Embrace Annuals For a Happier Life

If you want to boost your confidence as a gardener, embrace annuals!

Botanically, annuals complete their lifecycle in one growing season. They sprout from seed, grow like mad, flower as much as they can to produce seeds, and then die off, usually with the first hard frost. Sometimes we also grow tender perennials as annuals because they will also flower the first year from seed and are killed off by the first freeze.

But it’s not that important to know if a plant is botanically an annual versus a tender perennial. As long as they flower that first season, we can usually treat them as annuals.

Many are easy to grow from seed and require very little care. And because they die out in the fall, if we don’t like them, they are gone so we don’t have to grow them again the next year. We can start all over in the spring embracing other annuals!

Here are five annuals I embrace every year and grow from seed:


I try to grow a few different varieties of marigolds, Tagetes sp., every year, direct sowing them in a raised bed in the vegetable garden along with other annual flowers like zinnias and sunflowers.

This year I’m growing. ‘Kilamanjaro’, pictured above. It’s a white marigold that seems to be a bit slow in blooming. I also sent some seeds of this variety to MSS at Zanthan Gardens in Austin, Texas so she could also grow them and we could compare notes. I haven’t heard how or if they are blooming for her and suspect that both the marigolds and MSS are suffering in the extreme drought in that area of the country.


I’m growing two kinds of sunflowers, Helianthus annuus, this year.

The ‘Earthwalker’ sunflowers from Pinetree Garden Seeds are nearly eight feet tall and are currently blooming in all shades of rust and orange and maroon. Just think, two months ago, these were just seeds in the ground.
I wasn’t sure if I liked the “fall” colors of ‘Earthwalker’ in the middle of summer, but they’ve “grown” on me, so I’ll probably get them again next year.

My other sunflowers, ‘Elves Blend’ from Botanical Interests, are just about one foot tall, as they are supposed to be, but none of them are flowering yet.
And that’s probably my fault. I decided to move them two weeks ago when they were really too big to move. But I did it anyway because I wanted to plant my new daylilies where they were growing and the move set them back a bit.

One of the secrets to successfully embracing many annuals is to sow them where you want them to grow and don’t plan on transplanting them.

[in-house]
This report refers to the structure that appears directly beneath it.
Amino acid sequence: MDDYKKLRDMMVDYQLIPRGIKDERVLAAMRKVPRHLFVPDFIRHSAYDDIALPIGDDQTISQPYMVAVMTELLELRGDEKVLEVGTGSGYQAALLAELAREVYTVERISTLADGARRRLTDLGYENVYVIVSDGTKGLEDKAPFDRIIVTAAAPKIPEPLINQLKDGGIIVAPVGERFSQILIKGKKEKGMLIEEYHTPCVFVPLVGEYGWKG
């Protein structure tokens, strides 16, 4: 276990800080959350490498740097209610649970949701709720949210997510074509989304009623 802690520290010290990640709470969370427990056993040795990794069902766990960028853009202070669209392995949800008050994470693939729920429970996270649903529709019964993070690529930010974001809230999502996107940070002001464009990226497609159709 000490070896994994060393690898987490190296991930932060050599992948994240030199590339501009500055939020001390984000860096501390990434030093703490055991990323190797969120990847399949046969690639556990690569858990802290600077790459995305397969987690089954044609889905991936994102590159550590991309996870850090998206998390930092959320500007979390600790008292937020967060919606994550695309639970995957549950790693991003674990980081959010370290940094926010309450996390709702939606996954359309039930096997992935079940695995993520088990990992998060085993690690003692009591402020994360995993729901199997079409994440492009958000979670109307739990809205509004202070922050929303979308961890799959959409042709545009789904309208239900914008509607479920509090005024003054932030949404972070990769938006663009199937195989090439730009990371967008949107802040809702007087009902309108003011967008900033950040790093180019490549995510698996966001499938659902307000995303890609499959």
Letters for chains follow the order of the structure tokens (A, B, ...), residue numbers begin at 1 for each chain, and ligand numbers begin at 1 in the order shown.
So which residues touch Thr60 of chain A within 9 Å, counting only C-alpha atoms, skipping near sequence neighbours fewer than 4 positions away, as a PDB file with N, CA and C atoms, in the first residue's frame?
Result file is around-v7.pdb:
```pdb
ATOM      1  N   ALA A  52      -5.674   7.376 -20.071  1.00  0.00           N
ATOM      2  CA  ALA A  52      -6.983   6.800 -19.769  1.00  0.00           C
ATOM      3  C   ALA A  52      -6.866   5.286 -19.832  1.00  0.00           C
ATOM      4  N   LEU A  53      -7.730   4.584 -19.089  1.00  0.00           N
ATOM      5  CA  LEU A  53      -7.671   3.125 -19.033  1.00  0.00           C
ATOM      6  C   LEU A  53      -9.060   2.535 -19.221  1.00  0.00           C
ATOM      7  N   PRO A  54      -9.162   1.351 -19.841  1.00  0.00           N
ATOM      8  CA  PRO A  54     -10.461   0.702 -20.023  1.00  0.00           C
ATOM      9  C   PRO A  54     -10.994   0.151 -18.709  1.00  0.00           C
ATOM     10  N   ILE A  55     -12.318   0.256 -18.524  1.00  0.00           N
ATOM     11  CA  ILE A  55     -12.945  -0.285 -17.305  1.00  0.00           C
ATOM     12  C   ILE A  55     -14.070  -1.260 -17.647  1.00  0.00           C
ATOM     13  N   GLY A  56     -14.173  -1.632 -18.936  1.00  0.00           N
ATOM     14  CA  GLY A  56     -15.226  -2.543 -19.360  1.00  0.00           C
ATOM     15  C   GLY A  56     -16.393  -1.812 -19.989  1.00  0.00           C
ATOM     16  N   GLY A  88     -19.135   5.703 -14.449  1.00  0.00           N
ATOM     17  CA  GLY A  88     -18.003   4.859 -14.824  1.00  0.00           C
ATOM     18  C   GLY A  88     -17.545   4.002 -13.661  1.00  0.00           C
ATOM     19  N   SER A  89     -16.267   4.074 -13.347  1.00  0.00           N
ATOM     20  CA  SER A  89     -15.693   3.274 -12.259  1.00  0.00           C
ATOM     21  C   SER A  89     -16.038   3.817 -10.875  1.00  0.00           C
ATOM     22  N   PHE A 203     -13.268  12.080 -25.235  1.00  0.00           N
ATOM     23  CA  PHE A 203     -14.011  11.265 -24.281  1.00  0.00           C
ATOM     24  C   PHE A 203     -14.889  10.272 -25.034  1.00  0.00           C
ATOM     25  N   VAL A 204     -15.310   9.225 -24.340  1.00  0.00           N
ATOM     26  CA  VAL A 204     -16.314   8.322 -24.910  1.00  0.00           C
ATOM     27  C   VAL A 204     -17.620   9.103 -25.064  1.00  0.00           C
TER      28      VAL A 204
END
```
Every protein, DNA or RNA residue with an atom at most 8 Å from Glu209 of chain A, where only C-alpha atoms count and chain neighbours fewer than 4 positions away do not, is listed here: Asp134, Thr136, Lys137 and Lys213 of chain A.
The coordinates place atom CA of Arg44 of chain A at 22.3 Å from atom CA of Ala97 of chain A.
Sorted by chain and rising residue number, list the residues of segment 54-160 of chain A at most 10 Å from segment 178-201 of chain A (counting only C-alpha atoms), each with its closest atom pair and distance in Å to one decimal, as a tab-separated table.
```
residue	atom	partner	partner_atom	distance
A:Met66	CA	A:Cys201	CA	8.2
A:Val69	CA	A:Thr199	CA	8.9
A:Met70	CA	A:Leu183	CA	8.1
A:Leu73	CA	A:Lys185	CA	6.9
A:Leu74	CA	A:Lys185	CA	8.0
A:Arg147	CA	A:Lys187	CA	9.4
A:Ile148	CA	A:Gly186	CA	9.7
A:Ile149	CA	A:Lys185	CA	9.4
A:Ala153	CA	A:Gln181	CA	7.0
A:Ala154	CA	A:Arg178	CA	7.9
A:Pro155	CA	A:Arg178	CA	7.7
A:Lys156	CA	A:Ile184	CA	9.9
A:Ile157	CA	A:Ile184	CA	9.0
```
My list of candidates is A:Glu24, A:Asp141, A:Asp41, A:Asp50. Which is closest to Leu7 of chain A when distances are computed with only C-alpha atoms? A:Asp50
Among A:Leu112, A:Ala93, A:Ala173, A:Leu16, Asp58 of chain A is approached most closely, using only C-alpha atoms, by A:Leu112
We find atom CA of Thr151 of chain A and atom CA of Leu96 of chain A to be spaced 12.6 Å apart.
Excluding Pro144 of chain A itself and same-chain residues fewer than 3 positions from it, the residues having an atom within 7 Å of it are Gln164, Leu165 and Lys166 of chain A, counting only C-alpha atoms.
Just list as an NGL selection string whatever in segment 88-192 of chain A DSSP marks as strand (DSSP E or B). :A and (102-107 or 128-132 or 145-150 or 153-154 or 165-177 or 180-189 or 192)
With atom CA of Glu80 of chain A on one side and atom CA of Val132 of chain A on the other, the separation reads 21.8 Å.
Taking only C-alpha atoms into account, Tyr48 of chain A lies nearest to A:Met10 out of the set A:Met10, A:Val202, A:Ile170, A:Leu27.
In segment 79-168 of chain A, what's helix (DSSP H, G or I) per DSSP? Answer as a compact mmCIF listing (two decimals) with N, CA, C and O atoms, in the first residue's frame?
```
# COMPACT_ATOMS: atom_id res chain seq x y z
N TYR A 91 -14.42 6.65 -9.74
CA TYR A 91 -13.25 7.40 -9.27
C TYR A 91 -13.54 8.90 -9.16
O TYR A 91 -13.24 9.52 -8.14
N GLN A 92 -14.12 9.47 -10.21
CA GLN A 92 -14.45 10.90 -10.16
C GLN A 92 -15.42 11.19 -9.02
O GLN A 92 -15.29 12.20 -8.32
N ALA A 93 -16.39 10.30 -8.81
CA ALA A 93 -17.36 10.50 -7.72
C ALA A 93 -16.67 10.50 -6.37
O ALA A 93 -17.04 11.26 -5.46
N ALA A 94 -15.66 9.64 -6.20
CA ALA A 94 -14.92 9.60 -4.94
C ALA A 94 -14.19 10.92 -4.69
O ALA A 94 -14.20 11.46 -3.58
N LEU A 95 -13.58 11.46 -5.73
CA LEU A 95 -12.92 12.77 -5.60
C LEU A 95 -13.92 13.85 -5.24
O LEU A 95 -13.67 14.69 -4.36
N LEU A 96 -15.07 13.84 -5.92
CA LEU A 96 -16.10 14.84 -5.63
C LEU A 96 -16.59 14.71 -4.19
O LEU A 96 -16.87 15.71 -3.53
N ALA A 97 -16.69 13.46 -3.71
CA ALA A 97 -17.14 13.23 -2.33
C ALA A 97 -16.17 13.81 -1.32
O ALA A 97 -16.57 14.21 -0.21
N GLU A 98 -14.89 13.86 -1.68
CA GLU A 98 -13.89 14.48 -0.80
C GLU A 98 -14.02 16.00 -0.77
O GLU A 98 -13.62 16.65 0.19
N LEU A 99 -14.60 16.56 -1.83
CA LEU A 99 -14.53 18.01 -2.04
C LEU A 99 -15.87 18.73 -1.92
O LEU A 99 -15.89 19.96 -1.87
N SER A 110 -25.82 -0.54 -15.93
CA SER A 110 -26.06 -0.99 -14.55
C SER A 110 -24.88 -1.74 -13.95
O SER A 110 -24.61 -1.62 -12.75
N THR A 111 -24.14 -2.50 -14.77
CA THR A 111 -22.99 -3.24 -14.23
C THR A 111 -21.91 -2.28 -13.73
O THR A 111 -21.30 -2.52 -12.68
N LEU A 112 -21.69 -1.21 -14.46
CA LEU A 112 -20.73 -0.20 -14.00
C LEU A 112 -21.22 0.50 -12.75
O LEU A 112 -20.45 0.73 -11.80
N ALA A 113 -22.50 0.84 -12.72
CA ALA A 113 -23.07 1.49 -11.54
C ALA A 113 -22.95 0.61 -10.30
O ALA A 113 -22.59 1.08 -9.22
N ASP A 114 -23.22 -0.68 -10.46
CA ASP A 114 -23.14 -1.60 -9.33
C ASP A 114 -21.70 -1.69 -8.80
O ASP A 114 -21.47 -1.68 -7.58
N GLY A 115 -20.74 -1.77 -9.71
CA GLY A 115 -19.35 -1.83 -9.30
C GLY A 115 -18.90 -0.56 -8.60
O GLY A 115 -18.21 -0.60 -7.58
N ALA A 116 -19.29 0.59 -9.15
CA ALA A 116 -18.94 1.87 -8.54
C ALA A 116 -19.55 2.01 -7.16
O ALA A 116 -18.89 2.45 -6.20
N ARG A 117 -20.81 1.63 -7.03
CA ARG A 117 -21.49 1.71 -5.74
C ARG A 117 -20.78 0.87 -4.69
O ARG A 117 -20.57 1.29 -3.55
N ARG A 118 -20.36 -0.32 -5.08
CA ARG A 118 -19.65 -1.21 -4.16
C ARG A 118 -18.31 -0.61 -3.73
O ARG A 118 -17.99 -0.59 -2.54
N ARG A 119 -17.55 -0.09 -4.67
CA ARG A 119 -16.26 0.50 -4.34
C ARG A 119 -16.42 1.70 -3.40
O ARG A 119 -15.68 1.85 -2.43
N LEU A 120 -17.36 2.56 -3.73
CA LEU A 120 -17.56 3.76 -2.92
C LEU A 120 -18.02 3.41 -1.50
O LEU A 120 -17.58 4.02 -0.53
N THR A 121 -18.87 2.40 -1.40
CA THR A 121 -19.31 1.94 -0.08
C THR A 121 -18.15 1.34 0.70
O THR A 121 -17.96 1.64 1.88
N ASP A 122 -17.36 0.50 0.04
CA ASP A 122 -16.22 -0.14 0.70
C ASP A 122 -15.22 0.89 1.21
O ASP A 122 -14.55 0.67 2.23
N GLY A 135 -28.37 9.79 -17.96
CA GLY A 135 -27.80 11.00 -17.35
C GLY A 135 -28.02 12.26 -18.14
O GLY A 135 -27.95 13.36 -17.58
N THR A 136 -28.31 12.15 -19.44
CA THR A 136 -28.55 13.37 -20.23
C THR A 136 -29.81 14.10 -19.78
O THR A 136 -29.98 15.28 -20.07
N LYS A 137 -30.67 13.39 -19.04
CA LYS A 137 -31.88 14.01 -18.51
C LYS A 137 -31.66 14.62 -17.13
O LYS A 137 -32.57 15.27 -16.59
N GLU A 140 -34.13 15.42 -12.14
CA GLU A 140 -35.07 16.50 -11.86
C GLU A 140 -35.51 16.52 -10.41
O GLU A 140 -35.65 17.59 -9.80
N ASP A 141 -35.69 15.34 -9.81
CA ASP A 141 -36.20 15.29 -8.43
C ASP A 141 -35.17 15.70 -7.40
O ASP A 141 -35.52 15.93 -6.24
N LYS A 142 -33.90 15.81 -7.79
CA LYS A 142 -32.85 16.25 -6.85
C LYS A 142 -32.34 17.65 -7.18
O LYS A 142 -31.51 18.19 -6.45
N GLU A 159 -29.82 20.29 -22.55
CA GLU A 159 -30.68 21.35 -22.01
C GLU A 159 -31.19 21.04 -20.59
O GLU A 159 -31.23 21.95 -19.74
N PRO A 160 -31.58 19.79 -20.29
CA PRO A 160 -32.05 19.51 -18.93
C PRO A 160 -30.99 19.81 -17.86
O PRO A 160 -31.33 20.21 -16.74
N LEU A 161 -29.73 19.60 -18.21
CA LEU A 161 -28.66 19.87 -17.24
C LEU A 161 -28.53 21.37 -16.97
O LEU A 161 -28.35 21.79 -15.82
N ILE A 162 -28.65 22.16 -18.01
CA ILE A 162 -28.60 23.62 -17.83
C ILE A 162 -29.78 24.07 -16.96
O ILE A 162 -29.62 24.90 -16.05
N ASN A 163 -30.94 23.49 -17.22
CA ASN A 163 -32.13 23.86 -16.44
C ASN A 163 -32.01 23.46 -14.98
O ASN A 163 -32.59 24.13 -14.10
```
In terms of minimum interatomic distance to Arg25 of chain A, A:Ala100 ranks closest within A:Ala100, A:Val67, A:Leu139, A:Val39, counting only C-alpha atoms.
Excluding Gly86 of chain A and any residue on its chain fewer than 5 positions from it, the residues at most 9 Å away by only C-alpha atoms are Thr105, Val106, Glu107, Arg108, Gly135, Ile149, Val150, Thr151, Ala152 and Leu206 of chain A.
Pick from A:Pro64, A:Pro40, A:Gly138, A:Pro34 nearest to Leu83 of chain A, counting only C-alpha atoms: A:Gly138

I almost always sow the zinnias where I want them to grow, generally in a raised bed in the vegetable garden.
And I also thin out the seedlings to give the zinnias room to grow. Don’t be tempted to skip thinning out the seedlings. If you do, you’ll just end up with a bunch of spindly over-crowded plants that won't bloom to their fullest potential.

Zinnias come in all sizes, from sprawlers like the star zinnias, Zinnia angustifolia, to my tall zinnias with names like ‘Lavender Queen’, ‘Envy’, and ‘Lilac Time’.

Sweet Alyssum

Of course, not transplanting doesn’t hold true for all flowers sown from seed. I’m also growing Sweet Alyssum, Lobularia maritima ‘Oriental Nights’, also from Botanical Interests. I actually started them inside about four weeks before I planted them out in various containers as a filler plant.
Red and purple look, um, interesting together, don't they?

Sweet Peas

Another favorite annual flower is sweet peas, Lathyrus odoratus. This year, I grew two varieties from Botanical Interests – ‘Fairytale Blend’ and ‘High Scent’. Both grew wonderfully and bloomed as well as any sweet peas I’ve grown. Part of that may be due to the weather we had this spring, but much of it has to do with choosing good varieties. I also soaked the seeds overnight and planted them out in the garden with the garden peas on March 17th. Sweet peas like it cool, so once we had a little heat wave at the end of June, they were done, and I pulled them out on July 3rd.

Now some gardeners wouldn’t embrace a flower like this, one that is done mid-summer when other flowers are just getting going, but have they smelled those sweet peas?


I encourage all to embrace annuals, to grow some from seed for a happier life, at least in the garden. It will not only boost your confidence as a gardener, but also give you blooms all summer right up to the first hard freeze. What more could you ask for?


If you’d like to find out more about the best and worst of annuals that other gardeners are growing and writing about this summer, visit Mr. McGregor’s Daughter to join in her annual flowers meme.